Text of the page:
In a square in which the houses are evenly spaced, numbers 3 and 10
are opposite each other. What is the smallest and what is the
largest possible number of houses in the square?
Swap the stars with the moons, using only knights' moves (as on a
chess board). What is the smallest number of moves possible?
10 space travellers are waiting to board their spaceships. There
are two rows of seats in the waiting room. Using the rules, where
are they all sitting? Can you find all the possible ways?
What is the best way to shunt these carriages so that each train
can continue its journey?
Imagine a wheel with different markings painted on it at regular
intervals. Can you predict the colour of the 18th mark? The 100th
Find a cuboid (with edges of integer values) that has a surface
area of exactly 100 square units. Is there more than one? Can you
find them all?
Hover your mouse over the counters to see which ones will be
removed. Click to remover them. The winner is the last one to
remove a counter. How you can make sure you win?
This article for teachers describes how modelling number properties
involving multiplication using an array of objects not only allows
children to represent their thinking with concrete materials,. . . .
In how many ways can you fit two of these yellow triangles
together? Can you predict the number of ways two blue triangles can
be fitted together?
Can you shunt the trucks so that the Cattle truck and the Sheep
truck change places and the Engine is back on the main line?
Can you see why 2 by 2 could be 5? Can you predict what 2 by 10
Here you see the front and back views of a dodecahedron. Each
vertex has been numbered so that the numbers around each pentagonal
face add up to 65. Can you find all the missing numbers?
Take a rectangle of paper and fold it in half, and half again, to
make four smaller rectangles. How many different ways can you fold
Can you predict when you'll be clapping and when you'll be clicking
if you start this rhythm? How about when a friend begins a new
rhythm at the same time?
Building up a simple Celtic knot. Try the interactivity or download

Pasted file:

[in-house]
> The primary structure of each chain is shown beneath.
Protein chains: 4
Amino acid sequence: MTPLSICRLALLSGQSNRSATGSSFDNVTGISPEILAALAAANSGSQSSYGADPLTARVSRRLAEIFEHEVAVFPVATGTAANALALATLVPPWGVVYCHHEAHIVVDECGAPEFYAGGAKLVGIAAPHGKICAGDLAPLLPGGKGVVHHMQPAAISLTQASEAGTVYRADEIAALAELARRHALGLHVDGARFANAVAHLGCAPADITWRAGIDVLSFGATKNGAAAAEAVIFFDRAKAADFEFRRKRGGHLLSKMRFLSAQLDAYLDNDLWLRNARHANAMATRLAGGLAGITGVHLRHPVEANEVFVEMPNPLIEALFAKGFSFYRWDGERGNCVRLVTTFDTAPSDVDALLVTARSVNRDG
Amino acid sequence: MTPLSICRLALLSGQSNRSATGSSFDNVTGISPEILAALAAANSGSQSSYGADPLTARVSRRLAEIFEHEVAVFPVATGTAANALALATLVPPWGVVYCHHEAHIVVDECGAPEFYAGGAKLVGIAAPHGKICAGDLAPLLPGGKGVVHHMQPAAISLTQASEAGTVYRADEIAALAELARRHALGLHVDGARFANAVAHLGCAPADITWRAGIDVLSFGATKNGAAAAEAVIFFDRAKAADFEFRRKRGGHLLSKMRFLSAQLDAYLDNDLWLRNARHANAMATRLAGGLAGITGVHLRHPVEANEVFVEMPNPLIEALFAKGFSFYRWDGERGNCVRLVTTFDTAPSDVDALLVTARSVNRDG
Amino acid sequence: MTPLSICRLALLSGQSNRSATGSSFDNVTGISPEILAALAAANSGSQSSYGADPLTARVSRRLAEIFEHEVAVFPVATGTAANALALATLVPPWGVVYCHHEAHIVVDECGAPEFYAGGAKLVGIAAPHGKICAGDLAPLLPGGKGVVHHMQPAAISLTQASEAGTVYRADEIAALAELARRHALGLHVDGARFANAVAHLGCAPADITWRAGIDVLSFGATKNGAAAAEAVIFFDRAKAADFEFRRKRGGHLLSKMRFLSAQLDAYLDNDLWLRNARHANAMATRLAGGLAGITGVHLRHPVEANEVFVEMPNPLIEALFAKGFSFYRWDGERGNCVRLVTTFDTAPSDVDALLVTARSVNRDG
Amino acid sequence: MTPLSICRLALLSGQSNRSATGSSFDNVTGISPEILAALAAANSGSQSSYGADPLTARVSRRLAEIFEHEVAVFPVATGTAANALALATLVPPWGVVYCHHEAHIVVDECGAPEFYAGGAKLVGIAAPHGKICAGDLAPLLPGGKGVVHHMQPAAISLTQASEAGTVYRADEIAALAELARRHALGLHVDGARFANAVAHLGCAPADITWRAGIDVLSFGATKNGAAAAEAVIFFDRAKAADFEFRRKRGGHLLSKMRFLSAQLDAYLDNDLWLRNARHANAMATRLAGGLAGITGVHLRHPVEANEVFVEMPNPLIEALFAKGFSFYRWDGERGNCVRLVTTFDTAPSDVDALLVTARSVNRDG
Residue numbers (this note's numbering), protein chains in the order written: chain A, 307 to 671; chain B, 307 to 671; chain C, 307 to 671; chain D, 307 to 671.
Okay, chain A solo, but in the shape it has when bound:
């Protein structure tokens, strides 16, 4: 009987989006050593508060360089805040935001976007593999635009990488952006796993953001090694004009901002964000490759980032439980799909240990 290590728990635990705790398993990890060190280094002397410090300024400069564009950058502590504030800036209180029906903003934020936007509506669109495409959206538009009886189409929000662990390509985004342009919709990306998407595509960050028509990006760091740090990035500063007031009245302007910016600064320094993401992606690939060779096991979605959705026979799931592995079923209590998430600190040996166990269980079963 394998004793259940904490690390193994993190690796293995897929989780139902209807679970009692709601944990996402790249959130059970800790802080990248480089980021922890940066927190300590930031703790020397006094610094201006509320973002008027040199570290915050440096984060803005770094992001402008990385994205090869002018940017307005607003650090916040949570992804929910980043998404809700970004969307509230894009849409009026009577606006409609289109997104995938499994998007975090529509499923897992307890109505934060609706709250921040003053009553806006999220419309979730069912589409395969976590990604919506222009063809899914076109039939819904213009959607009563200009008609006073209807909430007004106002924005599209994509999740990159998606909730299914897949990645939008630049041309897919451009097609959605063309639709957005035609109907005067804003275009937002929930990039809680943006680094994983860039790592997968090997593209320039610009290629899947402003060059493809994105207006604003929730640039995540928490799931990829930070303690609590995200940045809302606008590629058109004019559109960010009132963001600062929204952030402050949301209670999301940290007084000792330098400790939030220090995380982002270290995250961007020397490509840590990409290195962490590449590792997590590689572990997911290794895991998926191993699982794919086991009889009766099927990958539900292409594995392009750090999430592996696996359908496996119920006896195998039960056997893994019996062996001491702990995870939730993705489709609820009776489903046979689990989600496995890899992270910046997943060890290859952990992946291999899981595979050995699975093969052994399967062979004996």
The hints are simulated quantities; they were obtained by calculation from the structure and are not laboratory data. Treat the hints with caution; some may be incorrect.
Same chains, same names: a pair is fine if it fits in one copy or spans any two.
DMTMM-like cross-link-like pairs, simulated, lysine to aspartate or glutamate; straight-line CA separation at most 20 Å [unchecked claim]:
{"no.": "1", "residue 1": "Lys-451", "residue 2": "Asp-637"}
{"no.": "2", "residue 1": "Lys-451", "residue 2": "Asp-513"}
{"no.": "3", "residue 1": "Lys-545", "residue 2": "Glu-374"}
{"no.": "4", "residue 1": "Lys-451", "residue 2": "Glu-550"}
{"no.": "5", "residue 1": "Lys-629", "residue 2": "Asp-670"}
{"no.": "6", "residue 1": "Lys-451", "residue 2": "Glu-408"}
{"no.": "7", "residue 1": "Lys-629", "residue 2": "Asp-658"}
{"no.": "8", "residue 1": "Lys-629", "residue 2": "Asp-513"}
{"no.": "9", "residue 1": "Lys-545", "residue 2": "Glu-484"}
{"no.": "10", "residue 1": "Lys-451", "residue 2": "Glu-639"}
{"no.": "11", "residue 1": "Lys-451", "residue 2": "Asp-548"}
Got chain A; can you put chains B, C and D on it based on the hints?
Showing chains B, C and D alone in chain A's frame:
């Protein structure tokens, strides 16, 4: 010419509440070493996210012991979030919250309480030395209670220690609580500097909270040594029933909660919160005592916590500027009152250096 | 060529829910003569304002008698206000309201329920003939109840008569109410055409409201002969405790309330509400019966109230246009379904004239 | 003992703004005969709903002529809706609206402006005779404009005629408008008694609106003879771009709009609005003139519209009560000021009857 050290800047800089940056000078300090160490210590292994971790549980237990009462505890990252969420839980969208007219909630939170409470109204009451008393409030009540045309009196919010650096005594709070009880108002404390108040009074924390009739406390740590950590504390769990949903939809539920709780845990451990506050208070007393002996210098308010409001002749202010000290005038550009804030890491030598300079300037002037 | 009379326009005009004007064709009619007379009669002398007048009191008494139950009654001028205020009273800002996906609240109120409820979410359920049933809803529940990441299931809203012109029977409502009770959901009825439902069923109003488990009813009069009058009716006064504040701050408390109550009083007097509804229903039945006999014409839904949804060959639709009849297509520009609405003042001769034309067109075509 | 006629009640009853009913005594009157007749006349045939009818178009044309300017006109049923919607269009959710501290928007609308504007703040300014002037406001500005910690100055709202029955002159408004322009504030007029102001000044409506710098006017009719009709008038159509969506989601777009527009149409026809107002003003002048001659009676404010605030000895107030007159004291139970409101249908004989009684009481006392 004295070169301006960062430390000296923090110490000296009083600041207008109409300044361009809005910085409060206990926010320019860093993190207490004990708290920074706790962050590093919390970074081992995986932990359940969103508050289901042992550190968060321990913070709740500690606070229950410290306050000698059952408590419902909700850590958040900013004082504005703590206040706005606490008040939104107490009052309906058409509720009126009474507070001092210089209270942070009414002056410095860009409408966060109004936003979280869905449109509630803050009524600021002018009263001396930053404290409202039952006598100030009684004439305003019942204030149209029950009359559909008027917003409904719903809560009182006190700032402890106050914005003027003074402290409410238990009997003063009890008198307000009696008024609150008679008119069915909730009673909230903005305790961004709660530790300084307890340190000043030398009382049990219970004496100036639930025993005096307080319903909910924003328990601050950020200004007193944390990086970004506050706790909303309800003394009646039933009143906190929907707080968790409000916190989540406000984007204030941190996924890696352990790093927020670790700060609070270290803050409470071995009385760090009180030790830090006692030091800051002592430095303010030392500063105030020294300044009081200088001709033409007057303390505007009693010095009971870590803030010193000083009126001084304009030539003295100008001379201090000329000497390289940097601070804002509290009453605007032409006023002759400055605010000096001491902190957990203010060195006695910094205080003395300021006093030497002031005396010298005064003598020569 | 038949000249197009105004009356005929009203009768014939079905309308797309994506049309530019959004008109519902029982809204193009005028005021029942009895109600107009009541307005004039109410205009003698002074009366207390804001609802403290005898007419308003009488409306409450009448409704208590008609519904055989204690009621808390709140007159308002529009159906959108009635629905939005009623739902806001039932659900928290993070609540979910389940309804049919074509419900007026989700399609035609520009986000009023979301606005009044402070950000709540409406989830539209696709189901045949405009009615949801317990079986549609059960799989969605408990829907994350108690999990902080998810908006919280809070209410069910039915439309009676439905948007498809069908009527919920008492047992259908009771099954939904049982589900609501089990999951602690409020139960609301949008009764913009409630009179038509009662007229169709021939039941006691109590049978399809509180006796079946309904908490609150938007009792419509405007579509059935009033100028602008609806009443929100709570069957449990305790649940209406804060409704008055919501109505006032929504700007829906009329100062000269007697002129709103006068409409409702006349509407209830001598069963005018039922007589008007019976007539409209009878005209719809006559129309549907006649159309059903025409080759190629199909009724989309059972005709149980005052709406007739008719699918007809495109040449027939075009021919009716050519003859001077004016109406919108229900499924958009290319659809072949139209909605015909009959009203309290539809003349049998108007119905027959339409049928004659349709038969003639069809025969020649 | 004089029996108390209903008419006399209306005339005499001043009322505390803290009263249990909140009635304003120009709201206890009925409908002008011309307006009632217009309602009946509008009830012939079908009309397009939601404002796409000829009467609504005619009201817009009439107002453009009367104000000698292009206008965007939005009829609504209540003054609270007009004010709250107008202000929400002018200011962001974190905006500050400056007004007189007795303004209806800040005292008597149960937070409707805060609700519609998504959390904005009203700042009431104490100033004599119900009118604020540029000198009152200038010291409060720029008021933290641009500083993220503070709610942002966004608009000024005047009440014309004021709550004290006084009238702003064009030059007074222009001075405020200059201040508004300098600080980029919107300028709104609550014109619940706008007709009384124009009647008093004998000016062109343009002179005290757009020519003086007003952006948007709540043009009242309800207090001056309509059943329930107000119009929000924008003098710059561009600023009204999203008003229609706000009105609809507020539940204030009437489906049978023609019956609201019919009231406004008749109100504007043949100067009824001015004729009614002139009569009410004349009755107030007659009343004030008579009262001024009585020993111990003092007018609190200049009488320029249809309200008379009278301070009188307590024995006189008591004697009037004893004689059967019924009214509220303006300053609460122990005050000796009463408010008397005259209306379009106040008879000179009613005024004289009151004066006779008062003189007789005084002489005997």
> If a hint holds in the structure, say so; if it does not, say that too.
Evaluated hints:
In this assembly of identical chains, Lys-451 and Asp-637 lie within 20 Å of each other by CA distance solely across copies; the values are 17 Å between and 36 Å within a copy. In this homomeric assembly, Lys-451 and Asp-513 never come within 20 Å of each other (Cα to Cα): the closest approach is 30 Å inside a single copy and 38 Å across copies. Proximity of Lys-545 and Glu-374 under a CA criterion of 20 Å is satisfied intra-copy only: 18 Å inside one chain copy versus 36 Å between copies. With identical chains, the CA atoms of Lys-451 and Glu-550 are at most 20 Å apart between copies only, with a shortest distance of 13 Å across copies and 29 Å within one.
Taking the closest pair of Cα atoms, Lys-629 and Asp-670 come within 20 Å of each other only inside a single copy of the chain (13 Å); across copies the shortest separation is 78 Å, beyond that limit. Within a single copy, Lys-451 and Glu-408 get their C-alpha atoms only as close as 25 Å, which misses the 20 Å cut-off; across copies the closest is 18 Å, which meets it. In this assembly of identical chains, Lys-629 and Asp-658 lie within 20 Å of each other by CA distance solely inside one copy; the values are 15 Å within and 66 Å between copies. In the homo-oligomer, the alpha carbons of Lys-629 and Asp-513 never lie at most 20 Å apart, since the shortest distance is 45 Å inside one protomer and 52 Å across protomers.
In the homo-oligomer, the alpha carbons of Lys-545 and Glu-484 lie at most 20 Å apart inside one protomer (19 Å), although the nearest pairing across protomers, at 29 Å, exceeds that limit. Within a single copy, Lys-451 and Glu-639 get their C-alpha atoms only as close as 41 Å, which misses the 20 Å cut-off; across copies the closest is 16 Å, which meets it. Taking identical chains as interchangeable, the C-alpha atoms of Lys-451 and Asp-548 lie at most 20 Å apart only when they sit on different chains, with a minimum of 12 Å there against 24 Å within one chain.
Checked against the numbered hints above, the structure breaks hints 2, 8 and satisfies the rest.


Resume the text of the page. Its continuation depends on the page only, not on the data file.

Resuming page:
the cards or have a go on squared paper.
Can you fit the tangram pieces into the outlines of the chairs?
Given a 2 by 2 by 2 skeletal cube with one route `down' the cube.
How many routes are there from A to B?
Can you fit the tangram pieces into the outline of this shape. How would you describe it?
How can the same pieces of the tangram make this bowl before and after it was chipped? Use the interactivity to try and work out what is going on!
In each of the pictures the invitation is for you to: Count what you see. Identify how you think the pattern would continue.
Make a cube out of straws and have a go at this practical
Investigate the number of paths you can take from one vertex to
another in these 3D shapes. Is it possible to take an odd number
and an even number of paths to the same vertex?
Is it possible to rearrange the numbers 1,2......12 around a clock
face in such a way that every two numbers in adjacent positions
differ by any of 3, 4 or 5 hours?
Rectangles are considered different if they vary in size or have different locations. How many different rectangles can be drawn on a chessboard?
Looking at the picture of this Jomista Mat, can you decribe what
you see? Why not try and make one yourself?
Can you fit the tangram pieces into the outlines of the lobster, yacht and cyclist?
Can you fit the tangram pieces into the outlines of these clocks?
Can you fit the tangram pieces into the outlines of these people?
Can you fit the tangram pieces into the outline of this brazier for roasting chestnuts?
Can you fit the tangram pieces into the outline of Little Fung at the table?
Can you fit the tangram pieces into the outline of Little Ming playing the board game?
How many DIFFERENT quadrilaterals can be made by joining the dots
on the 8-point circle?
Use the lines on this figure to show how the square can be divided into 2 halves, 3 thirds, 6 sixths and 9 ninths.
Can you fit the tangram pieces into the outline of this telephone?
We start with one yellow cube and build around it to make a 3x3x3
cube with red cubes. Then we build around that red cube with blue
cubes and so on. How many cubes of each colour have we used?
How many different triangles can you make on a circular pegboard
that has nine pegs?
Can you cut a regular hexagon into two pieces to make a
parallelogram? Try cutting it into three pieces to make a rhombus!
Can you fit the tangram pieces into the outline of the child walking home from school?
Can you fit the tangram pieces into the outlines of the candle and sundial?
How many different cuboids can you make when you use four CDs or
DVDs? How about using five, then six?
Paint a stripe on a cardboard roll. Can you predict what will
happen when it is rolled across a sheet of paper?
Can you fit the tangram pieces into the outline of Granma T?
Can you fit the tangram pieces into the outline of Little Ming?
Can you fit the tangram pieces into the outline of Wai Ping, Wah Ming and Chi Wing?
This problem invites you to build 3D shapes using two different
triangles. Can you make the shapes from the pictures?
This 100 square jigsaw is written in code. It starts with 1 and
ends with 100. Can you build it up?
How many different ways can you find of fitting five hexagons
together? How will you know you have found all the ways?
This challenge involves eight three-cube models made from
interlocking cubes. Investigate different ways of putting the
models together then compare your constructions.
Have a go at this 3D extension to the Pebbles problem.